## 1. Introduction

Simply stated, a bitcoin transaction is a transfer of **spending control** between different parties over a pre-specified amount of satoshis. A satoshi is the smallest fraction of a bitcoin and is equivalent to BTC In order to successfuly complete said transfer, the sender must demonstrate that she is the rightful owner of the satoshis she wishes to spend. Such a proof is imperative as it allows the different nodes on the network to reach an agreement regarding the validity of the transaction and as a result, facilitate its inclusion in the blockchain.

At the time of writing, bitcoin’s proof of ownership is encapsulated in a particular type of digital signature known as the Elliptic Curve Digital Signature Algorithm (**ECDSA)**. It is a variant of the Digital Signature Algorithm (**DSA**) that relies on Elliptic Curve Cryptography (**ECC**).

In the first section, we introduce the DSA scheme, prove its **correctness**, and discuss some of its **security** properties. In particular, we point out that as of the time of writing, and despite its prevalence in various cryptographic settings, we do not know of any valid security proof of DSA in the random oracle (RO) model. However, we highlight that slight variations of it can be proven to be secure.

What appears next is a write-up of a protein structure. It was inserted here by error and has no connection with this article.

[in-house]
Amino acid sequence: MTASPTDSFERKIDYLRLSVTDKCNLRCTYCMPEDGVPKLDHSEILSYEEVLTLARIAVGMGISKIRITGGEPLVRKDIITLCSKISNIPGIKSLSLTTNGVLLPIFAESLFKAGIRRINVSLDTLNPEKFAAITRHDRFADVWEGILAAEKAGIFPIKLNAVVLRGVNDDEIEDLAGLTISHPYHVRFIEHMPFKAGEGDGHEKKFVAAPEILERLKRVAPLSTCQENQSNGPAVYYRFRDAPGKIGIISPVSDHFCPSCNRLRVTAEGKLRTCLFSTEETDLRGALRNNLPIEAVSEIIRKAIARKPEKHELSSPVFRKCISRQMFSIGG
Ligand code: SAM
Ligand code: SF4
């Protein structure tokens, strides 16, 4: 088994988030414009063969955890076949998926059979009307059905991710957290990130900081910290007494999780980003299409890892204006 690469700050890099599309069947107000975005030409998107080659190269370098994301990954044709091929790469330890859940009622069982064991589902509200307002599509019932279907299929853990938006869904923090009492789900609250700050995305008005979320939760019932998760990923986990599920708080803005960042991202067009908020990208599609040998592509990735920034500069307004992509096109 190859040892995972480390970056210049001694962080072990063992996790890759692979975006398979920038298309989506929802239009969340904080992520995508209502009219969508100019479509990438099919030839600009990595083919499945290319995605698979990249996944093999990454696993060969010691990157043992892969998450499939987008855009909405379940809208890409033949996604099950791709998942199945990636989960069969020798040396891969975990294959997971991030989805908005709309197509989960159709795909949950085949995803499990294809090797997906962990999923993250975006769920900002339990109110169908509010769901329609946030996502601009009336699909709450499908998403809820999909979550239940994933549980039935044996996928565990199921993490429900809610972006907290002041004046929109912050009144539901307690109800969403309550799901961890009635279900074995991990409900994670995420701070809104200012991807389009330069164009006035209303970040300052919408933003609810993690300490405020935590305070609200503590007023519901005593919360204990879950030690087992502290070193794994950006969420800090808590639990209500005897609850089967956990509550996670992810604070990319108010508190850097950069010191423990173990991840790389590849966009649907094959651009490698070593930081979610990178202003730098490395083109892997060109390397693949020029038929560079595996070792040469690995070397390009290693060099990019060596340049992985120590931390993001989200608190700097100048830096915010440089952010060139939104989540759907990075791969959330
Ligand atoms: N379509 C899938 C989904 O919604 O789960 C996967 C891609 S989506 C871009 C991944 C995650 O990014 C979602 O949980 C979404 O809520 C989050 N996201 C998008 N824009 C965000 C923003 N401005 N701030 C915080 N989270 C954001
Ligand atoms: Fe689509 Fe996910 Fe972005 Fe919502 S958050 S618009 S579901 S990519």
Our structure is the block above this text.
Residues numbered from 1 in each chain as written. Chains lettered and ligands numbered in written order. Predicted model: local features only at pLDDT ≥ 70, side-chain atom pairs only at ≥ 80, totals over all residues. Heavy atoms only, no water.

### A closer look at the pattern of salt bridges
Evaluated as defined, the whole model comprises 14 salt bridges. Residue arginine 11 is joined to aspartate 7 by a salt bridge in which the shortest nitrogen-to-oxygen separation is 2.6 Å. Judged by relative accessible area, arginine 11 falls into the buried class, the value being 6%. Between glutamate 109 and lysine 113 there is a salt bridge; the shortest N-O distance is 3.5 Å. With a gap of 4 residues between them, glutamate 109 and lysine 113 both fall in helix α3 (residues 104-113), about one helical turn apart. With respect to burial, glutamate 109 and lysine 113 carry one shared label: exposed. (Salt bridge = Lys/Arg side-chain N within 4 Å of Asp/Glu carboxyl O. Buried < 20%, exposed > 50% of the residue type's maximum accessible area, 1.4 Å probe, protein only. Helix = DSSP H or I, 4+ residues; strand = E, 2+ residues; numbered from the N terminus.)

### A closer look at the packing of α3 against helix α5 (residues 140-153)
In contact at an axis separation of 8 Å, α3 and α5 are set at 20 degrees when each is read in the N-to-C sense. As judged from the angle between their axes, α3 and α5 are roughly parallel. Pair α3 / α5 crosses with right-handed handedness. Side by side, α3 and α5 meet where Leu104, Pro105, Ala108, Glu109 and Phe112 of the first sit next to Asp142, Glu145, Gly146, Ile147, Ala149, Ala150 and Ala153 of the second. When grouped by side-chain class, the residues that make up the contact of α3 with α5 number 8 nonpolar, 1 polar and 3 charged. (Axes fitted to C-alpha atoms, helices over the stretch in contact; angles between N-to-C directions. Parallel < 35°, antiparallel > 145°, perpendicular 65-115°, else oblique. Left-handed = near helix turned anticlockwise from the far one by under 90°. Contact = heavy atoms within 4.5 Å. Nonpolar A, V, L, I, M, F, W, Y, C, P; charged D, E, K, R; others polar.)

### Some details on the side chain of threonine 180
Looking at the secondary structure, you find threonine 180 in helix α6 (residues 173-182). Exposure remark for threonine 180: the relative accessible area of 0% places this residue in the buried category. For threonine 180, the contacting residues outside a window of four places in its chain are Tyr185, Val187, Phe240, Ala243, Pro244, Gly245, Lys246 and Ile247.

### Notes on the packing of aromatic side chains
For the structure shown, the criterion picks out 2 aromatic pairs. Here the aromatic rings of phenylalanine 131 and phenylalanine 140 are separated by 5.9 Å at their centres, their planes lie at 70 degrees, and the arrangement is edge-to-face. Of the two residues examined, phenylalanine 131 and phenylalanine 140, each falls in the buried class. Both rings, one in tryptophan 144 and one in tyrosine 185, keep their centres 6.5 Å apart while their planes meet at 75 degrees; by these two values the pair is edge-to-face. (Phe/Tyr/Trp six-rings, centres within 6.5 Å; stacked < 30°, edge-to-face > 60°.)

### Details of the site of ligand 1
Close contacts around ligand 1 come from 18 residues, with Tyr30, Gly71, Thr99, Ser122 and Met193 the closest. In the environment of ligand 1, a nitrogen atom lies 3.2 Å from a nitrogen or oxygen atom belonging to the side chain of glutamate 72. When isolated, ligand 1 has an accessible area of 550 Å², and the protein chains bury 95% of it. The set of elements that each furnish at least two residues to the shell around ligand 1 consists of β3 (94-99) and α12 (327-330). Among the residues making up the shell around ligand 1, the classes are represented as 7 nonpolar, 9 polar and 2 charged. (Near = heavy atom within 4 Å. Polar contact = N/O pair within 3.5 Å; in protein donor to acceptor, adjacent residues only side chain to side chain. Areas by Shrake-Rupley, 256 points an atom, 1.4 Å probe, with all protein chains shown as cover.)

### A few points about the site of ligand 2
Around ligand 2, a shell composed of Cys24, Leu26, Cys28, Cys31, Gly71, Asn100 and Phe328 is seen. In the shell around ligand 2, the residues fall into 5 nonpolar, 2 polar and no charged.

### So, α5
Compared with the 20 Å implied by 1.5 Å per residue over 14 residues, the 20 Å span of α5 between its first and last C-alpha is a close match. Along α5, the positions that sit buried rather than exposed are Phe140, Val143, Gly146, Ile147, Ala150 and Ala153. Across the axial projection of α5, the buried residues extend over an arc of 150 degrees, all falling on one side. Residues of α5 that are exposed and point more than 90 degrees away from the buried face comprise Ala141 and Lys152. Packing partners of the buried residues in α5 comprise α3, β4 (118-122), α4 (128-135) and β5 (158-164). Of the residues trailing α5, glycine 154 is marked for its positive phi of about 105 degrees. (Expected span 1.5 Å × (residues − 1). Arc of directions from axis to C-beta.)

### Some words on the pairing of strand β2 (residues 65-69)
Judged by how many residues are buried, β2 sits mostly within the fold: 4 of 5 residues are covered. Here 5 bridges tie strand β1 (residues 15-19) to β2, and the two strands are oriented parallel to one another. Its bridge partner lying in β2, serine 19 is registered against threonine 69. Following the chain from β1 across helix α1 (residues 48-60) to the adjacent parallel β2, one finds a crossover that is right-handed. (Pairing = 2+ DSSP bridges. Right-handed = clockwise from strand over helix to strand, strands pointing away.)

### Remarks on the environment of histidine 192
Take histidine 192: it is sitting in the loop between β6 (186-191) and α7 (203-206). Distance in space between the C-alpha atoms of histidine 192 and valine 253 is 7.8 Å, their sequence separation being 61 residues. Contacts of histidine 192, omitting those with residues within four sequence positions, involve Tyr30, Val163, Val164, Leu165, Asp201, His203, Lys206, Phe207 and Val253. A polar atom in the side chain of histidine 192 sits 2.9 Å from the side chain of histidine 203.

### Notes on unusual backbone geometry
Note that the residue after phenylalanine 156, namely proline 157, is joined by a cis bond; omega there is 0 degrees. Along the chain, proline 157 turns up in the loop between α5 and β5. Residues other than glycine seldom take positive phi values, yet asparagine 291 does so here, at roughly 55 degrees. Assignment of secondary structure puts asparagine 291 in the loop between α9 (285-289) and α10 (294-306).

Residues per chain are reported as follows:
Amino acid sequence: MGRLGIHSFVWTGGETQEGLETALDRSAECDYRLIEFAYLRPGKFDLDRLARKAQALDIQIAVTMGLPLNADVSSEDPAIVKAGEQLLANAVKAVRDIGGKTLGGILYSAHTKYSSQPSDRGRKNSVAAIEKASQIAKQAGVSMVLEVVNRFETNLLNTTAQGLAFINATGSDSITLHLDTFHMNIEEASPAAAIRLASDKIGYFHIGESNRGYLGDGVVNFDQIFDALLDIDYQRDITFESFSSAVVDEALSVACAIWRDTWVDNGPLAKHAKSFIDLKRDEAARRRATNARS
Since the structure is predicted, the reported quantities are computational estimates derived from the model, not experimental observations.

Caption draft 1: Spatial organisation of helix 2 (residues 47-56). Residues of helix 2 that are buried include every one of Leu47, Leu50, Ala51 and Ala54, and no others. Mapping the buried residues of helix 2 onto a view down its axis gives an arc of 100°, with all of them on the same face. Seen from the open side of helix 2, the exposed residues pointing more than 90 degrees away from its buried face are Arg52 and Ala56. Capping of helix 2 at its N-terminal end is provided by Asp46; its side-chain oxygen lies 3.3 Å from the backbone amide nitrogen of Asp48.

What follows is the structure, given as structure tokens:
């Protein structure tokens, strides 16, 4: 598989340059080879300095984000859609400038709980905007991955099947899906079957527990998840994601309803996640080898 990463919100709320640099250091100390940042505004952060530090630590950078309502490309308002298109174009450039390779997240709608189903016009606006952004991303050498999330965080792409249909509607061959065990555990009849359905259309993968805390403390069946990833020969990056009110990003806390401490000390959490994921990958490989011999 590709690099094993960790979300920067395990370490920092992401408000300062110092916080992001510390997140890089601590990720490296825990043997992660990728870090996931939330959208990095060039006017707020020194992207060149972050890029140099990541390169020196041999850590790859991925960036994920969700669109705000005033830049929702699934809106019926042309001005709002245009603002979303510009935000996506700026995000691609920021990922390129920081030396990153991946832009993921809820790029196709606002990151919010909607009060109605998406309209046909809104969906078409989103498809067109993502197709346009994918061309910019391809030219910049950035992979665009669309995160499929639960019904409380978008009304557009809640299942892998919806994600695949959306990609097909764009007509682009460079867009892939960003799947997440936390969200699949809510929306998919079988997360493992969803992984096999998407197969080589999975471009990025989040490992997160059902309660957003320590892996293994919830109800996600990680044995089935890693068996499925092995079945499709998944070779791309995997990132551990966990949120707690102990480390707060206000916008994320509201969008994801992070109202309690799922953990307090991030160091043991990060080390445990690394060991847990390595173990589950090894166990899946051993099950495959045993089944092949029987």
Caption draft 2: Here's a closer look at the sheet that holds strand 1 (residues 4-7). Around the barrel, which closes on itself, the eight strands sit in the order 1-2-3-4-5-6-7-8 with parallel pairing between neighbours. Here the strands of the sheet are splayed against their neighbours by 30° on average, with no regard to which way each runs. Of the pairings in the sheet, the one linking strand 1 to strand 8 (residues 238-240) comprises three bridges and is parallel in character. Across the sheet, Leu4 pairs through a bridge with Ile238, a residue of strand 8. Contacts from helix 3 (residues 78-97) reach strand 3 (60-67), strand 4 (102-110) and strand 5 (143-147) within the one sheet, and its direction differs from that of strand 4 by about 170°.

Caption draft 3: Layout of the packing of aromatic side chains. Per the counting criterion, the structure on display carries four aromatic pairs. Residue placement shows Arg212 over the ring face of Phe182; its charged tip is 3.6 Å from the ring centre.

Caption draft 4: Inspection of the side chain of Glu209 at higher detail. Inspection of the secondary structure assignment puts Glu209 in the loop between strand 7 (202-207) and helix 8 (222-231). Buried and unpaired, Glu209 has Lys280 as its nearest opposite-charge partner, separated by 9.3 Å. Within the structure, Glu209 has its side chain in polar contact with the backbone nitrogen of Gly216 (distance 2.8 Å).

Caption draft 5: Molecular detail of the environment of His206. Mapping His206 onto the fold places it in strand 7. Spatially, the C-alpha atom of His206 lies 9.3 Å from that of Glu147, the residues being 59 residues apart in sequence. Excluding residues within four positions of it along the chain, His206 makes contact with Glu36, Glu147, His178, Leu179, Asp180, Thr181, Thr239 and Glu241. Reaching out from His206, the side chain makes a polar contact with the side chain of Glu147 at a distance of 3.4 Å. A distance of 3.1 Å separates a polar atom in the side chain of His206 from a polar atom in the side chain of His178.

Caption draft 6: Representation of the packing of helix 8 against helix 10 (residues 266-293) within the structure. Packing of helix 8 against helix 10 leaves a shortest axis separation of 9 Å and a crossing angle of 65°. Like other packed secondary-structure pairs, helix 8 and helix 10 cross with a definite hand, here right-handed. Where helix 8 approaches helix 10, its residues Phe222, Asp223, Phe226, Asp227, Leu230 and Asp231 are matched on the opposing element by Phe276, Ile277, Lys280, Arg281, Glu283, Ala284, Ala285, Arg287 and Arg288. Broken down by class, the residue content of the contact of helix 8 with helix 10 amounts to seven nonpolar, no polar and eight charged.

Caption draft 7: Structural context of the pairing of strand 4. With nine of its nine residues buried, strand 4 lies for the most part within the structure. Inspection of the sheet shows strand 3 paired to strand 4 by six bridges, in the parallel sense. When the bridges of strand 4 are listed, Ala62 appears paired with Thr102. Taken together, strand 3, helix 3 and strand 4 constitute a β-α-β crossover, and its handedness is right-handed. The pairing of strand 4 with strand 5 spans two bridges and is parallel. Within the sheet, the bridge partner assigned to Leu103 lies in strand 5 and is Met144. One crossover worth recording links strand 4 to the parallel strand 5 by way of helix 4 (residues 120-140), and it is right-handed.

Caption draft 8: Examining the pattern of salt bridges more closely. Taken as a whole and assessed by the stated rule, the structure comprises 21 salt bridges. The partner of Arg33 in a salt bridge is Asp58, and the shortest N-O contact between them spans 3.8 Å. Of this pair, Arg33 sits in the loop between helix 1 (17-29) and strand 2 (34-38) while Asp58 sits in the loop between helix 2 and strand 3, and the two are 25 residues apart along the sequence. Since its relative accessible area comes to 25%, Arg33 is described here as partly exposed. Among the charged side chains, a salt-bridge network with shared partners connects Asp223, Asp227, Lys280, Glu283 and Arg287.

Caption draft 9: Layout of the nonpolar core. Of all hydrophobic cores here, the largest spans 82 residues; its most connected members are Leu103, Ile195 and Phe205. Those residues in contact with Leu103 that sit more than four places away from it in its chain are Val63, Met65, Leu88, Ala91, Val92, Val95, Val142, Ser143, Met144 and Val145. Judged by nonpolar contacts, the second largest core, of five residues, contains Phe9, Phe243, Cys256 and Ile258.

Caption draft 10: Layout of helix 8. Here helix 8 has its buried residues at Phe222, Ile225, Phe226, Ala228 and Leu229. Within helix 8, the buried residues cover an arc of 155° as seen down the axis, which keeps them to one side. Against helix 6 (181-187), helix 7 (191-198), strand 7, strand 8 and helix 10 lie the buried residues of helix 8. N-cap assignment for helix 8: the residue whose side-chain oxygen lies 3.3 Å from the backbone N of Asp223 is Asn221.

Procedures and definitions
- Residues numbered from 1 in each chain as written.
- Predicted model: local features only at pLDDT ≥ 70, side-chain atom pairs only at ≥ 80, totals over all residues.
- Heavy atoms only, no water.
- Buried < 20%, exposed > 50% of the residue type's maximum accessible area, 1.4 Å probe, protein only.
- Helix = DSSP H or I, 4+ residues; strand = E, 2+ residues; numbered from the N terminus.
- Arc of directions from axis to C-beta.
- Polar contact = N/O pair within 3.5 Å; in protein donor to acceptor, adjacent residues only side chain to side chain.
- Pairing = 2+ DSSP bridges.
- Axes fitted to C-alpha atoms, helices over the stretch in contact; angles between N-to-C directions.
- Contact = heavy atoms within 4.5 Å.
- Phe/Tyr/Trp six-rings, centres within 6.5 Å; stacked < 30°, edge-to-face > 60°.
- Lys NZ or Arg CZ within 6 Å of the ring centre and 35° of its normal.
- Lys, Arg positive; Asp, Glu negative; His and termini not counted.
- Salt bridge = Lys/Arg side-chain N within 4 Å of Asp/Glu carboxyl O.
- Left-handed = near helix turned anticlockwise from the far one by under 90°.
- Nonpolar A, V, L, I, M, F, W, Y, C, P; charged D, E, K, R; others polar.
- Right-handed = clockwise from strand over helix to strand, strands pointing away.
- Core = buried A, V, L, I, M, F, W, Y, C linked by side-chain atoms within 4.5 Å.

In the second section, we introduce the ECDSA scheme and prove its **correctness**. Later on, we present a python-based implementation to further elucidate its building blocks. We also describe how an ECDSA signature gets typically encoded within a bitcoin transaction. Finally, we highlight some of the scheme’s potential shortcomings including the absence to-date of a **security** proof in the RO model, its susceptibility to being **malleable**, and its non-linear design that hinders an efficient implementation of **multisignature** transactions.